Amid his awful start to life at Honda, Jorge Lorenzo has been linked with a shock move back to the Ducati fold and a place at the satellite Pramac team for 2020.
But there are several factors that would complicate any such switch.
The most obvious obstacle to a potential Lorenzo-Ducati reunion is that the three-time MotoGP champion's Honda deal runs to the end of 2020, and there are clauses that punish any party that wants to break it in advance.
Autosport understands that Honda hasn't received word directly from Lorenzo that he wants to leave, and has only heard of the possibility from outside sources.
Lorenzo won three races last year on the Ducati, but has suffered from several injuries since - missing much of the rest of that season after his final triumph a year ago in Austria, and having been far from healthy this year as well.
He has missed four races in a row now, and Honda Racing Corporation is thought to have been a little "unsettled" by the active social media presence of a rider whose focus should be on recovering to full fitness.
Another obstacle is Pramac being in the dark over the situation, with Ducati itself being the main driving force behind Lorenzo's potential return.
Francesco Bagnaia's place at Pramac for 2020 had been secured already last year, and Jack Miller has long been considered a shoo-in to continue with the team as well.
But while his 2020 deal has been theoretically agreed since the Sachsenring last month, Miller and Pramac are still waiting for the offer from Ducati to arrive.
"There is for sure some truth behind the rumours" Jack Miller
On Thursday at the Red Bull Ring, when the Lorenzo rumours emerged, Miller suggested that Ducati delaying his contract renewal must mean there's "some truth" to the reports.
"I thought we were waiting on paperwork but clearly it is not the case," Miller said in the pre-Austrian Grand Prix press conference.
"The last I heard prior to this weekend was, we were deciding on coming up with a budget because both Pecco and I will have to have 2020 bikes so I understood, we were quite patient. We will see now.
"I didn't at all [believe the rumours] prior to this weekend but after some feedback I had, there is for sure some truth behind the rumours.
"Pramac want to keep me, I FaceTime called with Paolo [Campinoti, Pramac CEO] this morning and he is 100% certain he [wants to] keep me."
But while Miller was adamant the entire Pramac squad wants him for 2020, he suggested only "most of Ducati" wishes to retain his services.
A Pramac source informed Autosport that the man behind the latest developments is Ducati general manager Gigi Dall'Igna, who was able to convince CEO Claudio Domenicali that bringing Lorenzo back would be worthwhile.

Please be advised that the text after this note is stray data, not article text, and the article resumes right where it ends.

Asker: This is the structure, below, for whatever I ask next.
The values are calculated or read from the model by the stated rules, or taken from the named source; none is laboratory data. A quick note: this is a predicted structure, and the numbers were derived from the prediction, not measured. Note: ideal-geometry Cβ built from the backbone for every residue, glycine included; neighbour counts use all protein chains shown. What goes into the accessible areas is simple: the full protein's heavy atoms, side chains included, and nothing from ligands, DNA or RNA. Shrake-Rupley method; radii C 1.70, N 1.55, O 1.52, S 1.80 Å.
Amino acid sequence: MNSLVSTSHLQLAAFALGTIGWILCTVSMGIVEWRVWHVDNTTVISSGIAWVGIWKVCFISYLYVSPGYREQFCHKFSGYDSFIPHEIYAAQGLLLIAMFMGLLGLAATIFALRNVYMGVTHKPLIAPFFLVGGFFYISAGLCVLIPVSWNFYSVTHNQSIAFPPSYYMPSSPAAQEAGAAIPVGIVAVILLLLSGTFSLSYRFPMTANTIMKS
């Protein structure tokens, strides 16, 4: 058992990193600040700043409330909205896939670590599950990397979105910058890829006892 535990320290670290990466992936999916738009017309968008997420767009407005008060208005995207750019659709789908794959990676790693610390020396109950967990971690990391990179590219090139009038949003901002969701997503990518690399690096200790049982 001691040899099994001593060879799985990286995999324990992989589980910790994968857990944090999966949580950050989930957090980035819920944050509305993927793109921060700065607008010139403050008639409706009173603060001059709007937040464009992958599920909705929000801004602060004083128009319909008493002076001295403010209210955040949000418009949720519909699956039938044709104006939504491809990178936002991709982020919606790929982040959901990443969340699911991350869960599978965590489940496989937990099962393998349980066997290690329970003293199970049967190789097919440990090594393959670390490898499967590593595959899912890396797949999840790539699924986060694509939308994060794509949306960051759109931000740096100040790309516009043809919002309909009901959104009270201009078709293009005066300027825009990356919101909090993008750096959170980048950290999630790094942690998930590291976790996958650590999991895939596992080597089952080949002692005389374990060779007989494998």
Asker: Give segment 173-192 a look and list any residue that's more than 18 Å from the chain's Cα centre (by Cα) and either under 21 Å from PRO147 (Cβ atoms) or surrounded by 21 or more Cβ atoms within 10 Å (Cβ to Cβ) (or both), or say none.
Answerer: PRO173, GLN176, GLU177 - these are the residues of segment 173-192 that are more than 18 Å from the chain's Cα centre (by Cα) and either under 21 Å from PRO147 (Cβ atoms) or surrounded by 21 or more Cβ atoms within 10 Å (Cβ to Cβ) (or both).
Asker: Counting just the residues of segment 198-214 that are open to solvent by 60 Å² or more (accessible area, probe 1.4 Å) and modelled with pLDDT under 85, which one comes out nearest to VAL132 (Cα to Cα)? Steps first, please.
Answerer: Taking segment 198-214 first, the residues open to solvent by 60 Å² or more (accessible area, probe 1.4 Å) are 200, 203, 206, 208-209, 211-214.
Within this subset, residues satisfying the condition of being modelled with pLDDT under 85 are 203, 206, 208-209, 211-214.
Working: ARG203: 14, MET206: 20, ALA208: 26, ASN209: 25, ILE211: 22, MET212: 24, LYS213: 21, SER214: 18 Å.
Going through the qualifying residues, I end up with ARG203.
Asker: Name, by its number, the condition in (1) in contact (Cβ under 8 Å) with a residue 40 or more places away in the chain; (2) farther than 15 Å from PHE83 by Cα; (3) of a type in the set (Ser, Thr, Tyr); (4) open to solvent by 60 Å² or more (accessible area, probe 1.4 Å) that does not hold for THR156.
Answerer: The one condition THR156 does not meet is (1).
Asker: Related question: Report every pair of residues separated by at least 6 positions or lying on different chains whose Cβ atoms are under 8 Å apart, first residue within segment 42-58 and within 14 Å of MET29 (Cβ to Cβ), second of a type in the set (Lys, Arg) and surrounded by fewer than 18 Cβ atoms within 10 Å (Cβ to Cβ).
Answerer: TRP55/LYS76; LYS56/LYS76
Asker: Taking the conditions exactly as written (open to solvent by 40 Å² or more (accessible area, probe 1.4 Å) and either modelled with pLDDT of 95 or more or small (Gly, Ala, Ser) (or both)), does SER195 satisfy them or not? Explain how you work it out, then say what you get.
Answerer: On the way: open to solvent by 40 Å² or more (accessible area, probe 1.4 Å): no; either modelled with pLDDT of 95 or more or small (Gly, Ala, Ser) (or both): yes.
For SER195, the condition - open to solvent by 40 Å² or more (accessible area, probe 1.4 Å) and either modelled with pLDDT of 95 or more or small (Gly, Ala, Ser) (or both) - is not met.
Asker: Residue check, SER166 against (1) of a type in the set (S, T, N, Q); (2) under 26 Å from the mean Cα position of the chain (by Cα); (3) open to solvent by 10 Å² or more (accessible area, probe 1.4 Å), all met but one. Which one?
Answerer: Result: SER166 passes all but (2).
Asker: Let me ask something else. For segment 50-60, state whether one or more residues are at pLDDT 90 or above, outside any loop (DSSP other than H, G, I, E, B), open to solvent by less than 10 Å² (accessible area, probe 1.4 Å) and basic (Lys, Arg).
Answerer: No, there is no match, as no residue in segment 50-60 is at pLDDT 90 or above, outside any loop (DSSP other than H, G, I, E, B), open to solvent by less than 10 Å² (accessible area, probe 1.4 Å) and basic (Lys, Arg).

This is particularly noteworthy, as it was Domenicali who ultimately decided upon replacing Lorenzo with Danilo Petrucci last year.
A premature exit would not be the most gracious way of repaying the faith Honda had placed in Lorenzo last year, when he seemed short on MotoGP options
Bringing Lorenzo back, apart from being essentially an admission that letting him go last year was a mistake, would also be ominous for Andrea Dovizioso - who didn't have the best relationship with the Spaniard during their time as team-mates.
Dovizioso stressed recently that Ducati needs to focus on improving its turning, the bike's long-standing Achilles' heel, and has criticised the team for never making that a priority.
As for Lorenzo, a move back to Ducati, where he finally made things work in the middle of last year, would very likely be a fruitful change compared to his torrid time with Honda so far.
He arrived at Honda seen as a potential equal to Marc Marquez, a view that has certainly changed after he failed to finish in the top 10 in his seven races on the RC213V so far.
Honda has made a big effort to help Lorenzo's adaptation to the bike, even flying him to its Japanese factory between the Mugello and Barcelona rounds.
A premature exit would therefore not be the most gracious way of repaying the faith Honda had placed in Lorenzo last year, when he seemed short on MotoGP options and was facing the possibility of retirement.
The exact timing of Lorenzo's return from his current injury, which will be crucial for this storyline to progress, is yet to be confirmed, with the next round at Silverstone coming up in two weeks' time.
Whatever happens next, a MotoGP 'silly season' that had seemed destined for a static conclusion has utterly erupted - and Lorenzo has, yet again, emerged at the centre of a massive news story.